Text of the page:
Books of the Year 2014

Inexplicably, the quality press has not yet invited me to name my top reads over the last twelve months, but no matter, I’ll do it anyway.

There is no attempt to rank or compare, or to identify one top title – just to share some of this year’s reading pleasure.

First, Taiye Selasi’s gorgeous Ghana Must Go. Drawn to it at first just for the title, I was blown away by the opening chapter, and as the narrative pulled back from that minute detail, that moment by moment evocation of a man looking out at his garden, realising that he is about to die, the breadth of the locations and the expanding cast in no way diluted the power of the writing. I did not realise at first that I was reading it aloud in my head, the way I read a novel in French, rather than hoovering up a page in one go as I normally do. In this case it wasn’t in order to understand it, but in order to feel the rhythm of the text. This is a poem as much as it is a novel.

.ghana must gostonercomber heshel staincliffe letters    diamond star halo moral compasspierced heartnorthup

 

 

 

John Williams’ Stoner had massive word of mouth before I got round to reading it. I was not disappointed – of course the academic milieu that it describes is very familiar to me and that helped to draw me in. But the emotional punch it pulled was unexpected and I rather regretted reading it in public.

I’ve written elsewhere about the final Resnick novel, Darkness, Darkness, from John Harvey. I read a lot of detective novels – it was a year of long train journeys – and discovered new writers, notably Ann Cleeves, Laura Lippman, Louise Doughty, Belinda Bauer and Anne Holt, as well as enjoying new stuff from existing favourite Cath Staincliffe. Her Letters to my Daughter’s Killer is powerful stuff.

Tiffany Murray’s Diamond Star Halo rocked my world, and Sugar Hall chilled my spine. I read the whole Game of Thrones series, and am eager for more. Other favourites from writers new to me were John Lanchester’s Capital, Patrick McGuiness’s The Last Hundred Days, and Sue Eckstein’s Interpreters. I will seek out more by all of them, though very sadly, Sue Eckstein’s early death means that there is only one more from her to look forward to.

Danny Rhodes’ Fan inspired me to reminisce and ruminate about my relationship with the game of football, and with Nottingham Forest in particular, and Caitlin Moran’s How to Build a Girl both made me laugh uproariously, and moved me to tears. It prompted a blog too.

As well as discovering new writers, I had the delight of reading more by some great favourites. Lesley Glaister’s Little Egypt, Stevie Davies’ Into Suez, Liz Jensen’s The Ninth Life of Louis Drax, all very different, and all on top form.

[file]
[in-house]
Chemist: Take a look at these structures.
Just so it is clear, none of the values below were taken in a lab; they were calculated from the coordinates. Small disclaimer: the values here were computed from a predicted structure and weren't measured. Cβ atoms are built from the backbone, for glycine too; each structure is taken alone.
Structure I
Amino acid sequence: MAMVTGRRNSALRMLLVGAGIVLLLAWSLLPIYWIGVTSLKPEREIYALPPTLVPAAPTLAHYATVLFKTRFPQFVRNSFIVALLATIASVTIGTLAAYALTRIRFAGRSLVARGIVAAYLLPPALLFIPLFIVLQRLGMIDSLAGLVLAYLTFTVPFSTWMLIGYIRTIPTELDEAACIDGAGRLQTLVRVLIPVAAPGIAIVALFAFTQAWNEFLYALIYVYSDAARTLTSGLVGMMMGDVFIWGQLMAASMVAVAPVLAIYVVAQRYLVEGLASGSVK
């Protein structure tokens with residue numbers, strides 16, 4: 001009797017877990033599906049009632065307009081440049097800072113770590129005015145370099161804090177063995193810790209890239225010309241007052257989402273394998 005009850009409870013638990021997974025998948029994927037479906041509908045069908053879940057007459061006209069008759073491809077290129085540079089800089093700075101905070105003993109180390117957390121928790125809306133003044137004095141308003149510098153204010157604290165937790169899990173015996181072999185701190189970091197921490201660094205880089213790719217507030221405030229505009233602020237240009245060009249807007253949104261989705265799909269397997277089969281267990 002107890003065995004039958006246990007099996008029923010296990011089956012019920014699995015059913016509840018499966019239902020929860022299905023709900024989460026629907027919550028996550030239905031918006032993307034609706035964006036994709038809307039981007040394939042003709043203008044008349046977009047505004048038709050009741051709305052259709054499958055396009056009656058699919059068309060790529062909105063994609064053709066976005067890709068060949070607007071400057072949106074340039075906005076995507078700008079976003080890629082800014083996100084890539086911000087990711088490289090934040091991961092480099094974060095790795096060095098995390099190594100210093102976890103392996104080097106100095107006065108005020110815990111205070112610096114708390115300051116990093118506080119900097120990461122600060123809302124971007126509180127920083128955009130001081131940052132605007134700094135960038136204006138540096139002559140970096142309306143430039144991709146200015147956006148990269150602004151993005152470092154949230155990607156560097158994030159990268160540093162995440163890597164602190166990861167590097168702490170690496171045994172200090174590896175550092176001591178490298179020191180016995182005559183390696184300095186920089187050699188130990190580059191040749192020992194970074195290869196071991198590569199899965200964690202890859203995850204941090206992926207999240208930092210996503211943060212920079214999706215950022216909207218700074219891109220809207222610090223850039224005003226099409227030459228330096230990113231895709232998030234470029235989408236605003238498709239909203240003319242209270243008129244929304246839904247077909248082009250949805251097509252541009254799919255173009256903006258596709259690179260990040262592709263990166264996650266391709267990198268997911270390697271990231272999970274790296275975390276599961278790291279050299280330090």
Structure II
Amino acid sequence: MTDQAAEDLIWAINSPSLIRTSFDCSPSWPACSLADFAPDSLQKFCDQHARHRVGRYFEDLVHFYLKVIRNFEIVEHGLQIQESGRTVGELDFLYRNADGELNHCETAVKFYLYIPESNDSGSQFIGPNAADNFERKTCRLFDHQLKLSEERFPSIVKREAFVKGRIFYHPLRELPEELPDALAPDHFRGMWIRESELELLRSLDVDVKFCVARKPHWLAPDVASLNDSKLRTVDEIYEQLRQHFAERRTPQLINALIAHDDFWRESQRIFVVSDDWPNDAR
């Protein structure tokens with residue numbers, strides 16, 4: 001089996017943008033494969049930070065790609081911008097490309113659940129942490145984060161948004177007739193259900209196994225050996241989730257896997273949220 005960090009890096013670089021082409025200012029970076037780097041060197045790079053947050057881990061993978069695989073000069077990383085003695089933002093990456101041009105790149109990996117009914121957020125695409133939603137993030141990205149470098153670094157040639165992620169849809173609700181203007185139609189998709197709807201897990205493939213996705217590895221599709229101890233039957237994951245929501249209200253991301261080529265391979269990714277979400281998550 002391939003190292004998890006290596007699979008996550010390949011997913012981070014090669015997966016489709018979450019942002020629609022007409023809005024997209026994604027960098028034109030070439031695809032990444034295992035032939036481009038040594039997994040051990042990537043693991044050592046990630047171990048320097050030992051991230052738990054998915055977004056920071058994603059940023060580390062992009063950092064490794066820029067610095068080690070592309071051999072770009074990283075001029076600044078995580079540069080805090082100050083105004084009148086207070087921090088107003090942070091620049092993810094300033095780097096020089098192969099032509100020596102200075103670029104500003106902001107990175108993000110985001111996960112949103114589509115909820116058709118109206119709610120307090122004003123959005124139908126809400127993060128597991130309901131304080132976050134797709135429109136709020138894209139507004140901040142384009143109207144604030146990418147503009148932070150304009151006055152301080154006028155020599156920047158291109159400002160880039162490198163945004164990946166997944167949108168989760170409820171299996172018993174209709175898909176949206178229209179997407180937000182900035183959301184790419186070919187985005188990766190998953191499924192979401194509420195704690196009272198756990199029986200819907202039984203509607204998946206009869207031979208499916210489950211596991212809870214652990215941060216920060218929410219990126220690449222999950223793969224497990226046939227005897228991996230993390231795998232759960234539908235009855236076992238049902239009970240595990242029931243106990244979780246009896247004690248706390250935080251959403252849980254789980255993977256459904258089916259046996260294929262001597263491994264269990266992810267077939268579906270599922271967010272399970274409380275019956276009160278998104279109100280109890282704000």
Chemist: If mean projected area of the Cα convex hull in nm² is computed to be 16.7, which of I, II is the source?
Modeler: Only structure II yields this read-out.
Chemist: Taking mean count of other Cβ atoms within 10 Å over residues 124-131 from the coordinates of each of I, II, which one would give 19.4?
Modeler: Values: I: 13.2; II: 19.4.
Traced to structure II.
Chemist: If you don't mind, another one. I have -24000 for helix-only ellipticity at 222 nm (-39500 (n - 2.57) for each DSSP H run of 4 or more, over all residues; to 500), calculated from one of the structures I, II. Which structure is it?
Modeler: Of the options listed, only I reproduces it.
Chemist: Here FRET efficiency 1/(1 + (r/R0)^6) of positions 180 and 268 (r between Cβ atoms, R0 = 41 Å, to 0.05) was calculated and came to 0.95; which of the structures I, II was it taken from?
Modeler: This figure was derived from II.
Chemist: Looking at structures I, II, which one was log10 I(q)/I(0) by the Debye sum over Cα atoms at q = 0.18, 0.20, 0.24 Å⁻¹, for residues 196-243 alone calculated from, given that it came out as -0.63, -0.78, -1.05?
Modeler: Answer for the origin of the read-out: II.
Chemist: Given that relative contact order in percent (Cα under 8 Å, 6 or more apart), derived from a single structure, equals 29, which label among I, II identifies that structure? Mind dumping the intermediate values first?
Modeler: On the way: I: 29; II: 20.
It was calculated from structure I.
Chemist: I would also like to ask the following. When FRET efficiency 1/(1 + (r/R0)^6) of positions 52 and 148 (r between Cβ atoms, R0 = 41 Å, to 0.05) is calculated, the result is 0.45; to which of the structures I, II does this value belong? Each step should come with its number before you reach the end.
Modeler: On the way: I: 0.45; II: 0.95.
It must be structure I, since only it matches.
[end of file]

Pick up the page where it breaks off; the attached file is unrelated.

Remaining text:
Lynn Shepherd’s latest literary mystery, The Pierced Heart, played beautifully with the Dracula myth, and the set up – a young man travels into the heart of Europe, an older, darker Europe, is welcomed by a mysterious Baron in a castle full of alchemical texts and other, more troubling collections – not only echoes Bram Stoker but reminded me of Michel Butor’s Portrait of the Artist as a Young Ape, about which I hope to write something in due course.   And oddly there were echoes of other aspects of The Pierced Heart in Stephen King’s excellent Revival, despite the very different setting. My most recent Doctor Who blog touched on these themes.

I didn’t expect Kenan Malik’s The Quest for a Moral Compass to be such a page-turner. I expected it to be enlightening and stimulating, sure, but it’s a huge achievement that it was genuinely difficult to put the book down. I wanted to find out ‘what happened next’, how through the centuries and the continents the human race grappled with the big questions of what it is to be good.

Other non-fiction that had an impact on me included Solomon Northup’s Twelve Years a Slave, which I read before I saw Steve McQueen’s harrowing and viscerally powerful film, and Dan Jacobson’s Heshel’s Kingdom, to which I was led by W G Sebald (in the final pages of Austerlitz).  There was also Philippa Comber’s fascinating memoir of her friendship with Sebald, Ariadne’s Thread, another future blog, I hope.

 

 

Belinda Bauer – Blacklands, Darkside, Finders Keepers

Ann Cleeves – Dead Water, Red Bones, Silent Voices, Burial of Ghosts

Philippa Comber – Ariadne’s Thread

Stevie Davies – Into Suez

Louise Doughty – Apple Tree Yard

Sue Eckstein – Interpreters

Lesley Glaister – Little Egypt

John Harvey – Darkness, Darkness

Anne Holt – Blessed are Those who Thirst

Dan Jacobson – Heshel’s Kingdom

Liz Jensen – The Ninth Life of Louis Drax

Stephen King – Revival

John Lanchester – Capital

Laura Lippmann – The Innocents, Life Sentences, Don’t Look Back

Patrick McGuinness – The Last Hundred Days

Kenan Malik – The Quest for a Moral Compass

Caitlin Moran – How to Build a Girl

Tiffany Murray – Diamond Star Halo; Sugar Hall

Solomon Northrop – Twelve Years a Slave

Danny Rhodes – Fan

Lynn Shepherd – The Pierced Heart

Cath Staincliffe – Letters to my Daughter’s Killer

John Williams – Stoner

 

 

 

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  1. #1 by Karen Beck on December 23, 2014 - 12:45 pm

    Thanks for sharing this, Catherine. I look to reading Stoner at book group in 2015. There are plenty more titles there for me to put on my Amazon wish list too. The ‘Letters to My Daughter’s Killer’ looks particularly intriguing!

    Like

    • #2 by cathannabel on December 23, 2014 - 9:12 pm

      Letters to my daughter’s killer is a cracking read. I’d recommend any of Cath Staincliffe’s detective novels, but this one is a bit different, definitely one that stays in the mind after you’ve finished reading.

      Like

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